IEA Publishes A Report On Carbon Management

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The International Energy Agency (IEA) has just published a 5-page report on the current state of carbon management. 

The five pages were published on July 12, 2023, by the Carbon Capture, Utilization and Storage (CCUS) unit of the IEA and are part of the larger Tracking Clean Energy Progress 2023 report.

According to the report, there is certainly a substantial growth in momentum in the carbon capture space with more than 500 new projects underway.

Since the beginning of last year, project developers have promised to have over 50 new carbon capture facilities up and running with a total capacity of capturing up to 125 million tons of CO2 per annum by 2030.

Even so, the deployment of carbon management technologies is still critically below the estimated capacity of capturing 1.2 gigatons of carbon dioxide per year that is required to reach net zero emissions by mid-century.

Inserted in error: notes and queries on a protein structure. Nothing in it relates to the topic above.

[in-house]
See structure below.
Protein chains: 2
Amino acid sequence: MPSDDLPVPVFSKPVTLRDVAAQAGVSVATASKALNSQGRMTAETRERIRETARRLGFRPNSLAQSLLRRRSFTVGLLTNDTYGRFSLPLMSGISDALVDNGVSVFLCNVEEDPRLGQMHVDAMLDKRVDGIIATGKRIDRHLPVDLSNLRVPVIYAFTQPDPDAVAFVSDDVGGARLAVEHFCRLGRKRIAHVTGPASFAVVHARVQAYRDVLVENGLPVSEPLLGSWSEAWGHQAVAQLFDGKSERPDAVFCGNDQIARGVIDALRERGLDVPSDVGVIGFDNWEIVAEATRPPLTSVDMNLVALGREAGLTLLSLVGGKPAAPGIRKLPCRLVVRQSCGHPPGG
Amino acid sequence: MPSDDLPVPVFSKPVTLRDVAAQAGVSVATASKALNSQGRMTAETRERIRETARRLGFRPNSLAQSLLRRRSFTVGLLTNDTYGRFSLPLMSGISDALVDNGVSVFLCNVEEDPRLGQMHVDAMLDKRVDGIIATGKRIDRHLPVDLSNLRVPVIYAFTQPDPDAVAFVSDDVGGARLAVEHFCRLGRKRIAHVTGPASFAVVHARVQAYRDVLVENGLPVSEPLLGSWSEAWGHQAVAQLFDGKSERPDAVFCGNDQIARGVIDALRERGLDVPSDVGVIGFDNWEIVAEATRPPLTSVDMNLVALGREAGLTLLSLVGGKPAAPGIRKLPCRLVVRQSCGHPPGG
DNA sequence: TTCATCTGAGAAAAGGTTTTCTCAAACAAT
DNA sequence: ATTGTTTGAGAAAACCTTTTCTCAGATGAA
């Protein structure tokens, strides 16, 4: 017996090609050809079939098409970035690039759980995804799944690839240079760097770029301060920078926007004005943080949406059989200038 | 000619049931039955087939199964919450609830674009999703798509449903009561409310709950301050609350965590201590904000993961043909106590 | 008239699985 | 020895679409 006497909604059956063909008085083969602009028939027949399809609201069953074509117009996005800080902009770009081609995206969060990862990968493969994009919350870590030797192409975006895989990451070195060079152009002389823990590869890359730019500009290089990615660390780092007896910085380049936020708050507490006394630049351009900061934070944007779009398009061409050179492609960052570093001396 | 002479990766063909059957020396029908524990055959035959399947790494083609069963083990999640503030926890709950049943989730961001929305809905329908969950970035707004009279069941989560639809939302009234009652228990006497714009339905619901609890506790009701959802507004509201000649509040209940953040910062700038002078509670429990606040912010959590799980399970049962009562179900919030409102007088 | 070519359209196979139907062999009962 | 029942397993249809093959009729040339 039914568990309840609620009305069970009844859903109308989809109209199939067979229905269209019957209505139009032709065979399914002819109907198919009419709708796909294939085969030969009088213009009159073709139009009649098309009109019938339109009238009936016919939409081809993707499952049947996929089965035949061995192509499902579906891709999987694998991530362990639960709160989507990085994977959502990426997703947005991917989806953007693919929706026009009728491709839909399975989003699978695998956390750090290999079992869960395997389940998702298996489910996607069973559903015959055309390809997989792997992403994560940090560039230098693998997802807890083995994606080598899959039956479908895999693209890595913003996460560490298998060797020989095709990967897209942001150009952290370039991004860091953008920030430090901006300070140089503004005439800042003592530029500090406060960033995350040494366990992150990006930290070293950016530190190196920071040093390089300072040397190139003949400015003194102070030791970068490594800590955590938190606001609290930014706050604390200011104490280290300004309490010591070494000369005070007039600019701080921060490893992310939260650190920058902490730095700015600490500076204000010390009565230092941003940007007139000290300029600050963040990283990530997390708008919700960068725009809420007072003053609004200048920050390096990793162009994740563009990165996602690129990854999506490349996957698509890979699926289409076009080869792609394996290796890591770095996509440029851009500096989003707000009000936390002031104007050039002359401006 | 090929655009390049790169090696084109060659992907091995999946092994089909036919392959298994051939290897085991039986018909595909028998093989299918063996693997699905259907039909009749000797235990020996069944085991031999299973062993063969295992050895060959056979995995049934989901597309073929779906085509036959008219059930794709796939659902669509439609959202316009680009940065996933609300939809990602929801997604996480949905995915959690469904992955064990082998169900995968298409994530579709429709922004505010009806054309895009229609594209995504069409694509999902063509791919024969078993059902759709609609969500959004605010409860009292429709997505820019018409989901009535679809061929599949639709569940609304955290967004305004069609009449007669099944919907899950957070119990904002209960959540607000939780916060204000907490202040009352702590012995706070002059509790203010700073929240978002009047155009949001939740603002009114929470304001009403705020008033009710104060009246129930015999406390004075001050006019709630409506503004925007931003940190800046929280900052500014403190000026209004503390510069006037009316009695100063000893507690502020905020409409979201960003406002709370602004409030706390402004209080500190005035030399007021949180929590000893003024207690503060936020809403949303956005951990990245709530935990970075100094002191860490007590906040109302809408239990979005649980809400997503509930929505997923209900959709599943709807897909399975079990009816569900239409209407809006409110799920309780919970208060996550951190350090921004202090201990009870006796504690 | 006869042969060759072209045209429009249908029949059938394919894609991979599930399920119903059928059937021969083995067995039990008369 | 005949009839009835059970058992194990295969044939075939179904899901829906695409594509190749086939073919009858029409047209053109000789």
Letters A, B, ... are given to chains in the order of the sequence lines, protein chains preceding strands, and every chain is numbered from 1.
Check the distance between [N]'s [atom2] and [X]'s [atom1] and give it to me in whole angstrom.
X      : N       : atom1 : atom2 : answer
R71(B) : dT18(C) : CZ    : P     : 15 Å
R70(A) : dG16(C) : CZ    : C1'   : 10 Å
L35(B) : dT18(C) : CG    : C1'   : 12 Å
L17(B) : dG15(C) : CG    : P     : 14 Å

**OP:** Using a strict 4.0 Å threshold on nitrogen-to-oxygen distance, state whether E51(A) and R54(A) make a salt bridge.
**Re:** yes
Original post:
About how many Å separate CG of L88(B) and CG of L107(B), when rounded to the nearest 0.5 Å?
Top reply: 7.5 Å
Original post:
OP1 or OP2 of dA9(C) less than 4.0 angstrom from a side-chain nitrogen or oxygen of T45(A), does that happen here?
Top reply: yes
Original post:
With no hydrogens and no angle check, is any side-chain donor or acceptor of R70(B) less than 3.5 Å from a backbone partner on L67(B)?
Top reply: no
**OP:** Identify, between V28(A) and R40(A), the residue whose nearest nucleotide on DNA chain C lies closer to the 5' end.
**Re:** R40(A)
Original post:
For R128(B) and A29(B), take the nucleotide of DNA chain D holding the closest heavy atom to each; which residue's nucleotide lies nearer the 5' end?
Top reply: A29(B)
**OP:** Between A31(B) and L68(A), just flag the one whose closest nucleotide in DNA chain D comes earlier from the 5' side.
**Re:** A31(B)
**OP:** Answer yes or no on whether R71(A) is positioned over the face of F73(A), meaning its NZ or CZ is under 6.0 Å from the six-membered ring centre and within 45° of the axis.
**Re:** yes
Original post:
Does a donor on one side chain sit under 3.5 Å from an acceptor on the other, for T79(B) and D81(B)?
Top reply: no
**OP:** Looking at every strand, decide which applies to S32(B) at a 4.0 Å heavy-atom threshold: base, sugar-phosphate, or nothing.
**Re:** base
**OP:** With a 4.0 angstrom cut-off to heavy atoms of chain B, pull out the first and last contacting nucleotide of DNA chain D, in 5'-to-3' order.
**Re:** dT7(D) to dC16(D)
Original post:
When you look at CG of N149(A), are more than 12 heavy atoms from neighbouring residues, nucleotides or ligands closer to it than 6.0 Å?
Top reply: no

It is a similar situation with the announced storage capacity and the connecting infrastructure.

Carbon dioxide removal (CDR) efforts have also gained considerable momentum, particularly as the Intergovernmental Panel on Climate Change (IPCC) stressed the importance of not only reducing emissions but also removing residual CO2 from the atmosphere. 

Relevant: IEA Says Carbon Markets Can Scale Direct Air Capture Tech

Technological solutions such as direct air capture or DAC are now in the spotlight, as the IEA report says, 130 new DAC facilities are expected to join the ranks of the existing 27 to hopefully achieve the goal of removing 75 Million tons of CO2 per year by 2030.

Other solutions like Bioenergy with carbon capture and storage (BECCS) are heavily falling behind, though, with removals from BECCS said to only reach 50 million tons of CO2 yearly by 2030, compared to the needed 190 million tons per year.

The IEA report calls on more targeted support for CDR solutions.

Read more: New IEA Report Shows 80% Increase In Carbon Storage Capacity

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